In 1960, Baylor scored 71 points in a game against the Knicks, a record for a single game. In Game 5 of the 1962 NBA Finals, he scored a postseason record 61 points against the Boston Celtics. He scored over 30 points a game in 4 consecutive postseasons, including averaging 38.1 in 1961 and 38.6 the next year. He led all postseason players in scoring for those 4 years. His final playoff scoring average was 27 ppg.

During the 1965 playoffs, he destroyed his knee. Ligaments and tendons were ruptured. Part of his kneecap had to be removed. Contemporaries agree than Baylor was never the same after the knee injury. He struggled the next season, but then came back to post 4 straight campaigns of at least 24 ppg. And that was post-injury Baylor!

Elgin cracked the top 10 in rebounding 8 times. In 1960-1, he averaged 19.8 boards per contest, his high watermark. Baylor's career 13.5 rpg is the 9th highest average ever. Remember, he was a small forward. He grabbed just under 13 rebounds a game in the playoffs. Baylor also sought out his teammates with a 4.3 career apg average (4 in the playoffs).

But the two knocks on Elgin are his lack of an MVP award and a title. The Lakers made the Finals 8 times while Elgin played and lost all of them. He played in the same era as the Boston Celtics dynasty, which were just too strong for the Lakers year in and year out. While he never won an MVP award, he finished in the top 6 in the voting 8 times. During an 11 year span, he made the All-NBA 1st team 10 times (only missing in 1965-6, when he was coming back from that devastating knee injury).

In conjunction with the laudatory stats and the plethora of All-NBA 1st teams, Baylor's place in history is predicated on his offensive repertoire. No player before him took to the skies like Baylor. Not only would he score two points, but he would yank momentum to his team's side with his magical moves. He was a pioneer when it came to dunking with flare. He helped pave the way for the game we know today.

Tuesday, January 11, 2011

The Top 10 NBA Players Ever - #9

This is yet another installment in my list of the top 10 NBA players of all time. It is admittedly a subjective list. Are individual statistics more important than the number of championships a player led his team to? Of course, these types of lists will always be contentious.

#9 Jerry West 
Jerry West was a splendid scorer, a good passer, and a stellar defender. His nickname was Mr. Clutch for all of his big game performances. He epitomized the NBA to the point where the league's logo was made in his likeness.

West's teams only won one title during his 14 year career. But they won the Western Conference title 8 other times. The problem was that those Lakers teams ran into two of the better clubs ever, the Boston Celtics of the 1960s and the New York Knicks of the early 1970s. The Lakers lost 4 Game 7s in the Finals during that stretch. Still, West is the only player to win the Finals MVP award while playing for a losing club. That happened after the 1969 finale, the first year of the award.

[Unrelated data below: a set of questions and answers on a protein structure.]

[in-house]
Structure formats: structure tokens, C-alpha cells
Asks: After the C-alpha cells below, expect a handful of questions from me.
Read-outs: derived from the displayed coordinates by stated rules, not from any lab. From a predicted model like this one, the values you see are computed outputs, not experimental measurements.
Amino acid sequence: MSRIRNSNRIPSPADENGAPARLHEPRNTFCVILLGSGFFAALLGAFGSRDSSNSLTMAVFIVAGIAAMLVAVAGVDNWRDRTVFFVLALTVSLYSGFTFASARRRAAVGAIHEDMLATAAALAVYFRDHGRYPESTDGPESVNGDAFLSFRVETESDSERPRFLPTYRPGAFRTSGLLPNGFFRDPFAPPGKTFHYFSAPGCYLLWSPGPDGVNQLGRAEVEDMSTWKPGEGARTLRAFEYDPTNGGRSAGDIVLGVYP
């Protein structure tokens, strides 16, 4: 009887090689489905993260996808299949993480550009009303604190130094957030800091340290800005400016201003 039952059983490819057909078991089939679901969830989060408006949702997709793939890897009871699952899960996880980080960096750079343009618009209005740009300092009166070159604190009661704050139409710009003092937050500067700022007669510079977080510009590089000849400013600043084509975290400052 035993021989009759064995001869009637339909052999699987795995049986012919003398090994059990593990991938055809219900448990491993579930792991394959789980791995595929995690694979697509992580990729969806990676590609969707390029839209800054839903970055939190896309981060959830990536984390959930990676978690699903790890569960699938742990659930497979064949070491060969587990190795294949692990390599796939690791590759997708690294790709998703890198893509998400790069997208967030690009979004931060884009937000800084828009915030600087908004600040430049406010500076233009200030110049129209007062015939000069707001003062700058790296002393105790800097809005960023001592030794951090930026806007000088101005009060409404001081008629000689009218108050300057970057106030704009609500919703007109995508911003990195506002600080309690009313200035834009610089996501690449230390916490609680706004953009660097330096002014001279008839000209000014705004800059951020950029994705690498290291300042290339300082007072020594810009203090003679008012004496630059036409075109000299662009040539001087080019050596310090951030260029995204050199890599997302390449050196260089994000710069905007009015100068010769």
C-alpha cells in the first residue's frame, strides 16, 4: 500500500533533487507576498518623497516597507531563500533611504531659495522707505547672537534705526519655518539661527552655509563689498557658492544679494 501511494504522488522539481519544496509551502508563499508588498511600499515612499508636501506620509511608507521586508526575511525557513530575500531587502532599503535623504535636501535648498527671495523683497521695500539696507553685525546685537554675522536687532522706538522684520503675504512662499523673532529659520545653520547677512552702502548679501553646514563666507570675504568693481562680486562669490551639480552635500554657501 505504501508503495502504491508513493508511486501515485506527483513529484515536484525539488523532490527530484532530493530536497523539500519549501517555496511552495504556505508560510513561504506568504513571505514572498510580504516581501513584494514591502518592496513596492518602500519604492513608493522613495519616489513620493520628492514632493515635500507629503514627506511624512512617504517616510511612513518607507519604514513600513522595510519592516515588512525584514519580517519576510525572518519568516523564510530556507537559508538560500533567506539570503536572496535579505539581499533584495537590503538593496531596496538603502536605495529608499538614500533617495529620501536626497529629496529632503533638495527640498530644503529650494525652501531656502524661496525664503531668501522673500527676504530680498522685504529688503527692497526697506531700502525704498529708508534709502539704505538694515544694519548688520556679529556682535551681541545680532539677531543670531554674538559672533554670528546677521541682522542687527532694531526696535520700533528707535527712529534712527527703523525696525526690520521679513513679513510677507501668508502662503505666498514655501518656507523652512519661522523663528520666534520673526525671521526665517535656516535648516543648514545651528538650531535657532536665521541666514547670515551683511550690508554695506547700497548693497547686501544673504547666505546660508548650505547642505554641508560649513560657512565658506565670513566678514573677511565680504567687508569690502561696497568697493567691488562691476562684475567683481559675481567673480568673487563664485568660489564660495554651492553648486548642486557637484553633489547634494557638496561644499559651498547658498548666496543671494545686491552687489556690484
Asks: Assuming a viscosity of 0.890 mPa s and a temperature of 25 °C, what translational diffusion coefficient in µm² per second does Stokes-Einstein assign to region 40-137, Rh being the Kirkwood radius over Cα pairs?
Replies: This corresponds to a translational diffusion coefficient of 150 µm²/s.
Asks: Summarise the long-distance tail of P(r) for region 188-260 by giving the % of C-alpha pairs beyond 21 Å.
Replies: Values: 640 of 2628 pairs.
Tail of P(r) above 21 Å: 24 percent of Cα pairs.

Throughout his career, West poured in buckets at a 27 a game rate, good for the 5th highest average in NBA history. He put up over 30 ppg 4 different seasons, winning the scoring title in 1969-70. He played even better during the playoffs. His postseason average was 29.1 a game. He led all postseason players in scoring 4 times and averaged over 30 a game 8 times, including in 1965 (40.5 ppg).

In Game 3 of the 1970 NBA Finals, with the Lakers down to the Knicks by 2, Mr. Clutch heaved a prayer from the other side of the midcourt line. It went in and sent the game into overtime. But he wasn't merely a legendary scorer. He averaged 6.1 assists per game (6.3 in the playoffs) and led the league in 1971-2 (9.7 apg). Jerry finished in the top 10 in the category 6 more times. He even rebounded at over 5 boards a contest.

West's remarkable numbers came despite the battering his body took. He was often injured, which also hurt his team's chances at the title. Despite the pain, Jerry was one of the NBA's best defenders. The All-Defensive team didn't come into existence until his 9th year, but he still made the 1st team 4 times and the 2nd team once. The league only kept tabs on steals in West's final season. In 31 games, West averaged 2.6 a game during that 1973-4 season.

West never won an MVP. That's partly due to the presence of Wilt Chamberlain and Bill Russell in the league at the same time as Jerry. But it was also because his teammate was the renowned Elgin Baylor; both seemed to cancel each other out. West made 10 All-NBA 1st teams. He made the 2nd team 2 other times. West was the only guard of his era who could possibly be compared to Oscar Robertson. He was the best shooting guard in history until a man named Michael Jordan took the court. He scored at an alarming rate, was a great defender, and excelled during pressure situations.

Monday, January 10, 2011

The Top 10 NBA Players Ever - #8

This is yet another installment in my list of the top 10 NBA players of all time. It is admittedly a subjective list. Are individual statistics more important than the number of championships a player led his team to? Admittedly, these types of lists will always be contentious.